In JoVE (2)
Other Publications (1)
Articles by Eric W. Martin in JoVE
Simultaneously Capturing Real-time Images in Two Emission Channels Using a Dual Camera Emission Splitting System: Applications to Cell Adhesion Grady E. Carlson1, Eric W. Martin2, Monica M. Burdick1,2 1Department of Chemical and Biomolecular Engineering, Russ College of Engineering and Technology, Ohio University, 2Biomedical Engineering Program, Ohio University Dual camera emission splitting systems for two-color fluorescence microscopy generate real-time image sequences with exceptional optical and temporal resolution, a requirement of certain live cell assays including parallel plate flow chamber adhesion assays. When software is employed to merge images from simultaneously acquired emission channels, pseudocolored image sequences are produced.
Isolation and Characterization Of Chimeric Human Fc-expressing Proteins Using Protein A Membrane Adsorbers And A Streamlined Workflow Monica M. Burdick1,2, Nathan M. Reynolds1,2, Eric W. Martin2, Jacquelyn V. Hawes1, Grady E. Carlson1, Chaz M. Cuckler1, Michael C. Bates1, Steven R. Barthel3, Charles J. Dimitroff3 1Department of Chemical and Biomolecular Engineering, Ohio University, 2Biomedical Engineering Program, Russ College of Engineering and Technology, Ohio University, 3Department of Dermatology, Brigham and Women's Hospital, Harvard Medical School Compared with traditional affinity chromatography using protein A agarose bead-packed columns, protein A membrane adsorbers can significantly speed laboratory-scale isolation of antibodies and other Fc fragment-expressing proteins. Appropriate analysis and quantification methods can further accelerate protein processing, allowing isolation/characterization to be completed in one workday, instead of 20+ work hours.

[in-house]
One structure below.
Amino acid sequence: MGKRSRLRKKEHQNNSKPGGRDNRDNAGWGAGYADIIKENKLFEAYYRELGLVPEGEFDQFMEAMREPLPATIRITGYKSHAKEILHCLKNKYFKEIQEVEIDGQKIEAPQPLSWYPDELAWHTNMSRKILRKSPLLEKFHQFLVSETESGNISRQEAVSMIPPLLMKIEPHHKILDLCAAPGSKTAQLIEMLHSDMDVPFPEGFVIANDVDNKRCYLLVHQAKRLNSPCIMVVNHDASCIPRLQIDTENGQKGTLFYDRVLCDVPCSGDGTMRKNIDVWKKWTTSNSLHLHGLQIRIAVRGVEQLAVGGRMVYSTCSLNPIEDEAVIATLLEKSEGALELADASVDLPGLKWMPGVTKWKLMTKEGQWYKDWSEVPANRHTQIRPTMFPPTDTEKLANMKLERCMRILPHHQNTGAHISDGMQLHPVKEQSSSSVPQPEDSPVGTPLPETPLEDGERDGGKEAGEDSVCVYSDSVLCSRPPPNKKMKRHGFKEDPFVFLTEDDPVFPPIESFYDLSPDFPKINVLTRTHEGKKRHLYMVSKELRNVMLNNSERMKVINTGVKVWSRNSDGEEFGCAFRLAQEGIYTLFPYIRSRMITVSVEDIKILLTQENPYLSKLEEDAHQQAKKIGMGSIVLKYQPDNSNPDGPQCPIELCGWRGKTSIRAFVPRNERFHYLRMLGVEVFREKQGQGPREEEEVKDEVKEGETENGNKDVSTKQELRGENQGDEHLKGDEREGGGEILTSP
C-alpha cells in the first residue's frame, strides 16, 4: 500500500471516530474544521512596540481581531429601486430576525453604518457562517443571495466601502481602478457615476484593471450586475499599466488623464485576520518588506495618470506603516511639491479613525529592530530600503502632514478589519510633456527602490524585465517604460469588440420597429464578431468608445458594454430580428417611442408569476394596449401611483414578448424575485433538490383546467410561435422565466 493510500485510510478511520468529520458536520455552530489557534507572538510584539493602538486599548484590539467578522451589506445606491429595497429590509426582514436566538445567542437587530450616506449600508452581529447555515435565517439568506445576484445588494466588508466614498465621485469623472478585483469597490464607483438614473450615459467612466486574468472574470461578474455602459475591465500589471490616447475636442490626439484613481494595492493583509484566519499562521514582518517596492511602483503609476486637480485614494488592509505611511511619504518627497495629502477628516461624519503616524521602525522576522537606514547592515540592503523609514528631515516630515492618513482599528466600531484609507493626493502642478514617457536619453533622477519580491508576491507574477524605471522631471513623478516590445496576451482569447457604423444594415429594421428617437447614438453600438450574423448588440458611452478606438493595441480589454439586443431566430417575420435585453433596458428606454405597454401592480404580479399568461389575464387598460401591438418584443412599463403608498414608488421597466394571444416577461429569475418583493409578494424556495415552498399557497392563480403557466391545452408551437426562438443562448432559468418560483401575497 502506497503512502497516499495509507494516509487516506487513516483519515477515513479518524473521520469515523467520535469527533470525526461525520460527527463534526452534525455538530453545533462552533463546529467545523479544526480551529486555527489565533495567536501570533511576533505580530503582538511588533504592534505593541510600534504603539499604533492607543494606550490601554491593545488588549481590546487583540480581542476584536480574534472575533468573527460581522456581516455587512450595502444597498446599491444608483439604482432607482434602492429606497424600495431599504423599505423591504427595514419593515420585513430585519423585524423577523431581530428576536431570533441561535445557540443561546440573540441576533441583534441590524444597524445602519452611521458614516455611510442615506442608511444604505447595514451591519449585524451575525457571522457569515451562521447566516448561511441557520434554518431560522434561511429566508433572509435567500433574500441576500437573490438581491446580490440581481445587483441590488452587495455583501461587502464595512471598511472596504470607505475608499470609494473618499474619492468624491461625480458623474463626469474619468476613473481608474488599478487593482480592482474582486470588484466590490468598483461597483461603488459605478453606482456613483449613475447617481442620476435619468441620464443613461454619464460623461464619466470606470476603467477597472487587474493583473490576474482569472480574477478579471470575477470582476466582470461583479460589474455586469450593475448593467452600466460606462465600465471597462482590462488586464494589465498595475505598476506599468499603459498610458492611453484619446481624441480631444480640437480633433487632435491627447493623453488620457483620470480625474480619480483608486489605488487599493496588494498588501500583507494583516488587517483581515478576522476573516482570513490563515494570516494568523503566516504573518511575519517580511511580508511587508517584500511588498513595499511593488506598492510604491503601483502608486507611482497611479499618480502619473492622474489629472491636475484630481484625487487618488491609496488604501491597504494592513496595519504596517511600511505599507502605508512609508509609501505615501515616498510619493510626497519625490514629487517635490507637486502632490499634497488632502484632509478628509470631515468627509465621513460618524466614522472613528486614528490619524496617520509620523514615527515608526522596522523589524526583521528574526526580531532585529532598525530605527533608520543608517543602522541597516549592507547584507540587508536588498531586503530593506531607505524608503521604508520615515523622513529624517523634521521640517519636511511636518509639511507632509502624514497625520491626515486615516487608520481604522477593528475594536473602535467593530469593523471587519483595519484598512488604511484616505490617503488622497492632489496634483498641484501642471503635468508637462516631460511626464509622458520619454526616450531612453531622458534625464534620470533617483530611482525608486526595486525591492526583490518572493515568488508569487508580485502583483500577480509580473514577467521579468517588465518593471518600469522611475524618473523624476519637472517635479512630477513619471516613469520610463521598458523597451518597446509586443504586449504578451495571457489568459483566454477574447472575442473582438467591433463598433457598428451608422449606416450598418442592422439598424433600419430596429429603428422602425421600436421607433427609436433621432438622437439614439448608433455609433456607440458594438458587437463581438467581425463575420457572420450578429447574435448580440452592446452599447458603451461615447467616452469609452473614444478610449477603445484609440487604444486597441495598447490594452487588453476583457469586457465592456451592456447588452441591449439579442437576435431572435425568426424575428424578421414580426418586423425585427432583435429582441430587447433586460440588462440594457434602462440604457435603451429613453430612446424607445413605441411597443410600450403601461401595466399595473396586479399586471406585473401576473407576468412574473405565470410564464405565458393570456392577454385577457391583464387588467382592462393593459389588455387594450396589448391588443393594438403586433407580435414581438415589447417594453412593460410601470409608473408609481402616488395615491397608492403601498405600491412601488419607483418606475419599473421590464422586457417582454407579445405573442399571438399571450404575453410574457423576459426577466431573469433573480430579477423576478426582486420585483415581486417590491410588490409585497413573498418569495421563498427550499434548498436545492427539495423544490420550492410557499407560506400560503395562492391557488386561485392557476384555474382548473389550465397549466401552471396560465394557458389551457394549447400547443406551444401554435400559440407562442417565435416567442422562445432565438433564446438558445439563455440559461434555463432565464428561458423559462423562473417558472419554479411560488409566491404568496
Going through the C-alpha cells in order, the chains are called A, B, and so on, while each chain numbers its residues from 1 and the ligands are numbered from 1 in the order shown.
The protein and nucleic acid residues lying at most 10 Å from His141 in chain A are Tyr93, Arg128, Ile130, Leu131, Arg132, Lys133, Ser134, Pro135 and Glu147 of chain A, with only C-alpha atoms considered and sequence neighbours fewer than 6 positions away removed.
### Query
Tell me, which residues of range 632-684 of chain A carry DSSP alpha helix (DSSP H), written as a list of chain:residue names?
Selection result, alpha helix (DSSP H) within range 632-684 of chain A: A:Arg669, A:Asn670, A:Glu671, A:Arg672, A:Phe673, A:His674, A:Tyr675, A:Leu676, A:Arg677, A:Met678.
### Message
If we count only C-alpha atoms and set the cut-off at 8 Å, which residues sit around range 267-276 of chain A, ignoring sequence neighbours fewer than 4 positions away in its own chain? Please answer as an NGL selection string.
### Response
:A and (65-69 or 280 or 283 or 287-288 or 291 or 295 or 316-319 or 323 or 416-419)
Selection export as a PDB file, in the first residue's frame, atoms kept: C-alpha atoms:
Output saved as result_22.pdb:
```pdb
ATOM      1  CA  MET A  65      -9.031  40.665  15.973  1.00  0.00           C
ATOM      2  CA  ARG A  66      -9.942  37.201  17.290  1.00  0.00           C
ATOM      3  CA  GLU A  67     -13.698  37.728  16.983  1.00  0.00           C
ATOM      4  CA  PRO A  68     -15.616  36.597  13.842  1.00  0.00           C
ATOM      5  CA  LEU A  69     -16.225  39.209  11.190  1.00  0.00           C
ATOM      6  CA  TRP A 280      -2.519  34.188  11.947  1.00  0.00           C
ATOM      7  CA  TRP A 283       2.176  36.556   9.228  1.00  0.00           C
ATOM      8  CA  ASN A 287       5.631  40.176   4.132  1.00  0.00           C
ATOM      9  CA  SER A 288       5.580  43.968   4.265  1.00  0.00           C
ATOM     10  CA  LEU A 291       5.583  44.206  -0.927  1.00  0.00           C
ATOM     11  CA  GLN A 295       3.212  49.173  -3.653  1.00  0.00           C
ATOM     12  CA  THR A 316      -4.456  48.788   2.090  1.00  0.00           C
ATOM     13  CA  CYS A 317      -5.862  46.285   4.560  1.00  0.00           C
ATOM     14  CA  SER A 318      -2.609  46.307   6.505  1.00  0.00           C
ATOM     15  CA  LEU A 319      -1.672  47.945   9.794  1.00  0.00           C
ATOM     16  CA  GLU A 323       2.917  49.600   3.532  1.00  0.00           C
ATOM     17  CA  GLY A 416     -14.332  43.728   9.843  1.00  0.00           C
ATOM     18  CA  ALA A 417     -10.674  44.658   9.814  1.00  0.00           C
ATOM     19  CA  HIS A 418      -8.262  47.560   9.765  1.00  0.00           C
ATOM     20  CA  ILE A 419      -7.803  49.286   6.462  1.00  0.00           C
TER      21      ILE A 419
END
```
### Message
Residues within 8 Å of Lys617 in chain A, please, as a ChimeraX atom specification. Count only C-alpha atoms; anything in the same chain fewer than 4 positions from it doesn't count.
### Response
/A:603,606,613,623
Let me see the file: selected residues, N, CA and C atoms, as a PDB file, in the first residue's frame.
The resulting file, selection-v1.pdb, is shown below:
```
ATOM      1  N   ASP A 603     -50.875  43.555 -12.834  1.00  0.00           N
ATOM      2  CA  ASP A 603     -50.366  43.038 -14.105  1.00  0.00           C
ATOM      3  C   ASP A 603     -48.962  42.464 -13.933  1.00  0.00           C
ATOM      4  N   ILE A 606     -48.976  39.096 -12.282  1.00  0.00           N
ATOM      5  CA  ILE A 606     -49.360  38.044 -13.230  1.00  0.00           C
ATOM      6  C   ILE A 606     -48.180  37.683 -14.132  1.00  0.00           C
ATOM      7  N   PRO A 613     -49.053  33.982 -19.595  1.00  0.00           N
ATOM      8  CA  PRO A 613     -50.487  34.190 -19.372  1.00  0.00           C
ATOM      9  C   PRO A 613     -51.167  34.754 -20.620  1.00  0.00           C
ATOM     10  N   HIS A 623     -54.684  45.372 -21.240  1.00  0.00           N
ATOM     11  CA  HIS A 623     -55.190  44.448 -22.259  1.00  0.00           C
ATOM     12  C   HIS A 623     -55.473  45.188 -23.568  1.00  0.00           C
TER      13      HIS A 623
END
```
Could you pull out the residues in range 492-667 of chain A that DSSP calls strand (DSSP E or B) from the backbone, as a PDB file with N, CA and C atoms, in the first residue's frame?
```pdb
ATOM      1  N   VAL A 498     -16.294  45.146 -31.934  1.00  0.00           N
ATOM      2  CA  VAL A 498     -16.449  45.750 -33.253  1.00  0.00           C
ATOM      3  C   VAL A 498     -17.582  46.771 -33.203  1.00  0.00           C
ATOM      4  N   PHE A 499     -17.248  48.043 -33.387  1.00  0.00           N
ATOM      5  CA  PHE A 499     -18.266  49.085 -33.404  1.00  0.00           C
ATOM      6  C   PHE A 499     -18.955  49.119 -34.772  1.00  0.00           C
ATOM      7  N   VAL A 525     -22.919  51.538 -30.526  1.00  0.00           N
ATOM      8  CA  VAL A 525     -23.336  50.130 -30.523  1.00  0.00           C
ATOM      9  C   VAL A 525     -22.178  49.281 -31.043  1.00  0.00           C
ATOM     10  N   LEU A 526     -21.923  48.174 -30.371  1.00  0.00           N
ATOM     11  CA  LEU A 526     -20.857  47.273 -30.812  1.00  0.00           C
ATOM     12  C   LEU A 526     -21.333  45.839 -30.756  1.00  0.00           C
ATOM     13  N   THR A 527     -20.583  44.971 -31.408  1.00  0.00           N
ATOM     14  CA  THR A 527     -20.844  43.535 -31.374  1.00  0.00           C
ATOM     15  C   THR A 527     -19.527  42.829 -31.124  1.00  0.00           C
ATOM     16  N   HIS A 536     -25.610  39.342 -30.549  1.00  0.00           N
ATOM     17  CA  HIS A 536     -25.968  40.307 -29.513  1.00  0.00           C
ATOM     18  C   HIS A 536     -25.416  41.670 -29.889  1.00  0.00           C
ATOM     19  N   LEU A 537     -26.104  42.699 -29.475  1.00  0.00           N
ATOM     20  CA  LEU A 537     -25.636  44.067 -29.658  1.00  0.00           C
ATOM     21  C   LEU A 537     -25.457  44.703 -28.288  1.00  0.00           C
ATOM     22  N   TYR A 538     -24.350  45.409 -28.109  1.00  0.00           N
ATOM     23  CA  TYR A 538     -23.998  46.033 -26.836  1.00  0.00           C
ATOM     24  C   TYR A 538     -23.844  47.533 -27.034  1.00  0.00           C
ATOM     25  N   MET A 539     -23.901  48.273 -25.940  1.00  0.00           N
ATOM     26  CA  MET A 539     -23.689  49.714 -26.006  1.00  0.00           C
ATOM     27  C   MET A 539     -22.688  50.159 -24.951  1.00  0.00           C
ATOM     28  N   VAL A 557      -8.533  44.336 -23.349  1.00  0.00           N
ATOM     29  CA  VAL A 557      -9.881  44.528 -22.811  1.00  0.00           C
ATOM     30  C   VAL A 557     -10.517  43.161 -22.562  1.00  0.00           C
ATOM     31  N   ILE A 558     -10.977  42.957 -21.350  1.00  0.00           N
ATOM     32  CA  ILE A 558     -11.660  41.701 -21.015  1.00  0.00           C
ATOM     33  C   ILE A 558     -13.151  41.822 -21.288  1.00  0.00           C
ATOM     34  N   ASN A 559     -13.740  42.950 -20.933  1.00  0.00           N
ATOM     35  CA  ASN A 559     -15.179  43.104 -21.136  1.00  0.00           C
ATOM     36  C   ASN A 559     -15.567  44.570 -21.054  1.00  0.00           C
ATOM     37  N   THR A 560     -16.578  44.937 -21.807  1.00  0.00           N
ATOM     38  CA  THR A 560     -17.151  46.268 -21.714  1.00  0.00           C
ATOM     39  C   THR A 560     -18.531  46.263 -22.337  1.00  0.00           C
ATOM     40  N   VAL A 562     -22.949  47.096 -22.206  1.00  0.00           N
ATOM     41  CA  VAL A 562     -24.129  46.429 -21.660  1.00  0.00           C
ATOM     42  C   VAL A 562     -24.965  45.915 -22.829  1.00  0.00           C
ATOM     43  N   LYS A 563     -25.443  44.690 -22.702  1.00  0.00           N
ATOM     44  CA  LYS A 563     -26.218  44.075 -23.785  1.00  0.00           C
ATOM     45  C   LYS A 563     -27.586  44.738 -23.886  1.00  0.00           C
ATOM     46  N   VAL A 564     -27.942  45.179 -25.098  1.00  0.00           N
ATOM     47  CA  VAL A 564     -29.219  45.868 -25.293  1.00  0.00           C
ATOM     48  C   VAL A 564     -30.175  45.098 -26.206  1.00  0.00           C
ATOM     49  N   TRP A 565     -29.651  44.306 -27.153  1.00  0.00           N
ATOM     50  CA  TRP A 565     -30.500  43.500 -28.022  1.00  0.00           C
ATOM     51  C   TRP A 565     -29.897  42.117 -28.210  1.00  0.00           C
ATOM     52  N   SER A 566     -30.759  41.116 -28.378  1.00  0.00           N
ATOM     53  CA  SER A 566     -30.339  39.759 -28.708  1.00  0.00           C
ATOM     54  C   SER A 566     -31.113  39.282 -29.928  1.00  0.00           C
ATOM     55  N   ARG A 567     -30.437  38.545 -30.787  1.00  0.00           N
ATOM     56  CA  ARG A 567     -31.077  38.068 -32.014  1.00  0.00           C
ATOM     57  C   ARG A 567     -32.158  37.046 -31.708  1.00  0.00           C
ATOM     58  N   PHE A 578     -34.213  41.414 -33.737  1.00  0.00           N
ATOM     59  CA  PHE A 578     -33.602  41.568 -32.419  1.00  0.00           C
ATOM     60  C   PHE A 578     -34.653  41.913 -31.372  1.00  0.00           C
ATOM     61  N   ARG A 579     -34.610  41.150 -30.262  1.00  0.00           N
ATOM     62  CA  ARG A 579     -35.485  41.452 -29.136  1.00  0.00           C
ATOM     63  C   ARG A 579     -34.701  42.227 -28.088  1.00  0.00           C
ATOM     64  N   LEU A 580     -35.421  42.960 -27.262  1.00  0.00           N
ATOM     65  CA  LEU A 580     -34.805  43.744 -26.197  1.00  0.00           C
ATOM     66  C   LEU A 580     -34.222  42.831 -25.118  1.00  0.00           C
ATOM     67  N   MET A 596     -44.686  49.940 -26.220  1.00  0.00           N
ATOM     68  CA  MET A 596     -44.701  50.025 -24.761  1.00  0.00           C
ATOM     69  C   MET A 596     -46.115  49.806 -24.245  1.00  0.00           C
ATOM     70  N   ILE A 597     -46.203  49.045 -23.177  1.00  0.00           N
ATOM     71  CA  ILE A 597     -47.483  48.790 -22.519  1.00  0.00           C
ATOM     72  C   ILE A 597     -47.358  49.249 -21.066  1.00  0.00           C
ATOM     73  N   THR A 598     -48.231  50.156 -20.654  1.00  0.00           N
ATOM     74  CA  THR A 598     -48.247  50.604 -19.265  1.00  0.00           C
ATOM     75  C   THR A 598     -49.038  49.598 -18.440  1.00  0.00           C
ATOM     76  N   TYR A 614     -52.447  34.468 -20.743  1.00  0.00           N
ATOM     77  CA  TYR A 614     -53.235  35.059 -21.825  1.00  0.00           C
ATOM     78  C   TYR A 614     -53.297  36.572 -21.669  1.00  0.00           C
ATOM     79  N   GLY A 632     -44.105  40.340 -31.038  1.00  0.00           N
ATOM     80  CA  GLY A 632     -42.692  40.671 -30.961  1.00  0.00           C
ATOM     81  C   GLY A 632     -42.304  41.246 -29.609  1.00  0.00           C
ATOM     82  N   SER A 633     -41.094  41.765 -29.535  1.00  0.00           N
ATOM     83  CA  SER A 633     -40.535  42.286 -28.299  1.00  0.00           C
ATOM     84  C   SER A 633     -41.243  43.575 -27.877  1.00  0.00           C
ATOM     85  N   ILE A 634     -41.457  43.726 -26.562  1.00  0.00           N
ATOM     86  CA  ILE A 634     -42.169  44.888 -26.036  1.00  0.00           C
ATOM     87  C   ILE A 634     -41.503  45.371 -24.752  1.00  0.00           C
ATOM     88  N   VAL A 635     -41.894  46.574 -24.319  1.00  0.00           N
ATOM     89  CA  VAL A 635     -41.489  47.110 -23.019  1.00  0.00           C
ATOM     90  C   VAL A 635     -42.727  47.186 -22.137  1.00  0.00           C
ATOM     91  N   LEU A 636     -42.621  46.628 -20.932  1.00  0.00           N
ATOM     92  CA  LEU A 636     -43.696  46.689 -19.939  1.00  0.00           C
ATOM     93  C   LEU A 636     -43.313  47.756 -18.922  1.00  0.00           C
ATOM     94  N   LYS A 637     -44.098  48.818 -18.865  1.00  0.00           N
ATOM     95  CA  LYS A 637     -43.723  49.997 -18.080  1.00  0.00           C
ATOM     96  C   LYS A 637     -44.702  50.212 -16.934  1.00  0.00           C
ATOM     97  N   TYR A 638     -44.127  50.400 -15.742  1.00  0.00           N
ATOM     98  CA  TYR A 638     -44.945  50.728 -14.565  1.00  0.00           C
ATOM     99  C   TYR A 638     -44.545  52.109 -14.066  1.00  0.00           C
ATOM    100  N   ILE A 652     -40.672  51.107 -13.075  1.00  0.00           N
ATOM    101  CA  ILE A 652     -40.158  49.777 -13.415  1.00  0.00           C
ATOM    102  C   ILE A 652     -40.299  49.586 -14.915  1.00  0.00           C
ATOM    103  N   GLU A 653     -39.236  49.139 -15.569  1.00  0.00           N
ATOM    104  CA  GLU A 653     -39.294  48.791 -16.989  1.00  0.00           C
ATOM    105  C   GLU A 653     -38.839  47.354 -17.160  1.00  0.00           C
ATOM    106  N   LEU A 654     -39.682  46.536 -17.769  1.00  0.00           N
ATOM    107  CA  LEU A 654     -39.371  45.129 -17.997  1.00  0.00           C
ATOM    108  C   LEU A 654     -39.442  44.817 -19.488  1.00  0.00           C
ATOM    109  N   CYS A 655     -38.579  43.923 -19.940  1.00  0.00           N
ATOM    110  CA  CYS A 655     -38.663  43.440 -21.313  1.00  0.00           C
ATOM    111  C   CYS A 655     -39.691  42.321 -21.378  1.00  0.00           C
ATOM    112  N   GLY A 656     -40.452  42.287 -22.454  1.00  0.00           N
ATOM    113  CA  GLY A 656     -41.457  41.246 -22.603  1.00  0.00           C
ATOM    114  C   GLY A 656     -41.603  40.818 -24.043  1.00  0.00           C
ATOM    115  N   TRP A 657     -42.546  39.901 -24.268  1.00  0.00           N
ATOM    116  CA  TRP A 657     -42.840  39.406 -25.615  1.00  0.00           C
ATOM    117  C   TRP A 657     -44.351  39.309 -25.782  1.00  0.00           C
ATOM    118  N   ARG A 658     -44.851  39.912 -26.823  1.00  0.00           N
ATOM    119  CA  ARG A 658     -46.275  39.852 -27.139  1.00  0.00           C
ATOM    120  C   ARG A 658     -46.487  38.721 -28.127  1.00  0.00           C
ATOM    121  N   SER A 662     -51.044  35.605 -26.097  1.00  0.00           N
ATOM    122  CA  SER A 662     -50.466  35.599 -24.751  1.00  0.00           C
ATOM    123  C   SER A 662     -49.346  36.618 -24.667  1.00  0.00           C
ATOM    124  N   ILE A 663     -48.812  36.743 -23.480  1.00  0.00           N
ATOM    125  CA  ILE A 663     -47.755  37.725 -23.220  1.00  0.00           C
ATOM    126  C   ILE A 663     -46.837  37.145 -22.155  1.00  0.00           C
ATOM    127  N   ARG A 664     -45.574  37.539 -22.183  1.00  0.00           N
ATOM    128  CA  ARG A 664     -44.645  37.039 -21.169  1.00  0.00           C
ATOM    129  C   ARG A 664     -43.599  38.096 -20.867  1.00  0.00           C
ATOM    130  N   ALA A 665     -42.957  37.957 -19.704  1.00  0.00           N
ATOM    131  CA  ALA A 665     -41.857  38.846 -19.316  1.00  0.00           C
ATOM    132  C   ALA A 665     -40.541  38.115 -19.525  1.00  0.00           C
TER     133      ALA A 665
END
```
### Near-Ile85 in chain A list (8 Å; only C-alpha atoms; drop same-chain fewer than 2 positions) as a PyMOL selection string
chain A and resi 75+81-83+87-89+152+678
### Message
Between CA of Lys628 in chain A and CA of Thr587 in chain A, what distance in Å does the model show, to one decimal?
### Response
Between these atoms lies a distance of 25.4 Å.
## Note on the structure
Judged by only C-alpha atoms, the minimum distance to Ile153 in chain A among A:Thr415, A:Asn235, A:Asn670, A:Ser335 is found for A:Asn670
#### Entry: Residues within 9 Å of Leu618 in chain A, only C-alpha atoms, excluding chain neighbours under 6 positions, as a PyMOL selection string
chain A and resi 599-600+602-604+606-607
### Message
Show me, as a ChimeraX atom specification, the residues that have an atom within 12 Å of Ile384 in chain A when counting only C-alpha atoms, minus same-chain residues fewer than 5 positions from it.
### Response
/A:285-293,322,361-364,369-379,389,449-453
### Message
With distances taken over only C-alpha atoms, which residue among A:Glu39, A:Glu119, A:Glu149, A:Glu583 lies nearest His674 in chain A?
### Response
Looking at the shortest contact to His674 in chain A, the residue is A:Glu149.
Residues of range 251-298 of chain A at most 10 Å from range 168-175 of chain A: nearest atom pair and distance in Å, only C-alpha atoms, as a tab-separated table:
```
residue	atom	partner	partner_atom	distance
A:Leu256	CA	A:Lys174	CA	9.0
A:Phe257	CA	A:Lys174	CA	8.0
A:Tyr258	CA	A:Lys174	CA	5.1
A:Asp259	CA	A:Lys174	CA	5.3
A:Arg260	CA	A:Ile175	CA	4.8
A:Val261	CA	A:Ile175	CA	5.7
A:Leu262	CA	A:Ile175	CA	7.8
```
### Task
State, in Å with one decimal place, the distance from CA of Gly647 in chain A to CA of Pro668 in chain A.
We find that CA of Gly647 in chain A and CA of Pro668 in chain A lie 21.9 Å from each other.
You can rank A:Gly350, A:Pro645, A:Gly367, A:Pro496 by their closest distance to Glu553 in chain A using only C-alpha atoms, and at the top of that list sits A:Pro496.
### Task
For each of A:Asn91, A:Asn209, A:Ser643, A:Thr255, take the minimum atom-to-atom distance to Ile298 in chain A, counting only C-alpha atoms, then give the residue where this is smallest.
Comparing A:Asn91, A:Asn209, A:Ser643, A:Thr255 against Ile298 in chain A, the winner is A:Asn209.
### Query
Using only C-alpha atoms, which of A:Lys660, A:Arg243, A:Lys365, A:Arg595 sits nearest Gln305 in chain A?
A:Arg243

Other articles by Eric W. Martin on PubMed
Low Dose Hard X-ray Contact Microscopy Assisted by a Photoelectric Conversion Layer AIP Advances. Apr, 2013 | Pubmed ID: 23837131 Hard x-ray contact microscopy provides images of dense samples at resolutions of tens of nanometers. However, the required beam intensity can only be delivered by synchrotron sources. We report on the use of a gold photoelectric conversion layer to lower the exposure dose by a factor of 40 to 50, allowing hard x-ray contact microscopy to be performed with a compact x-ray tube. We demonstrate the method in imaging the transmission pattern of a type of hard x-ray grating that cannot be fitted into conventional x-ray microscopes due to its size and shape. Generally the method is easy to implement and can record images of samples in the hard x-ray region over a large area in a single exposure, without some of the geometric constraints associated with x-ray microscopes based on zone-plate or other magnifying optics.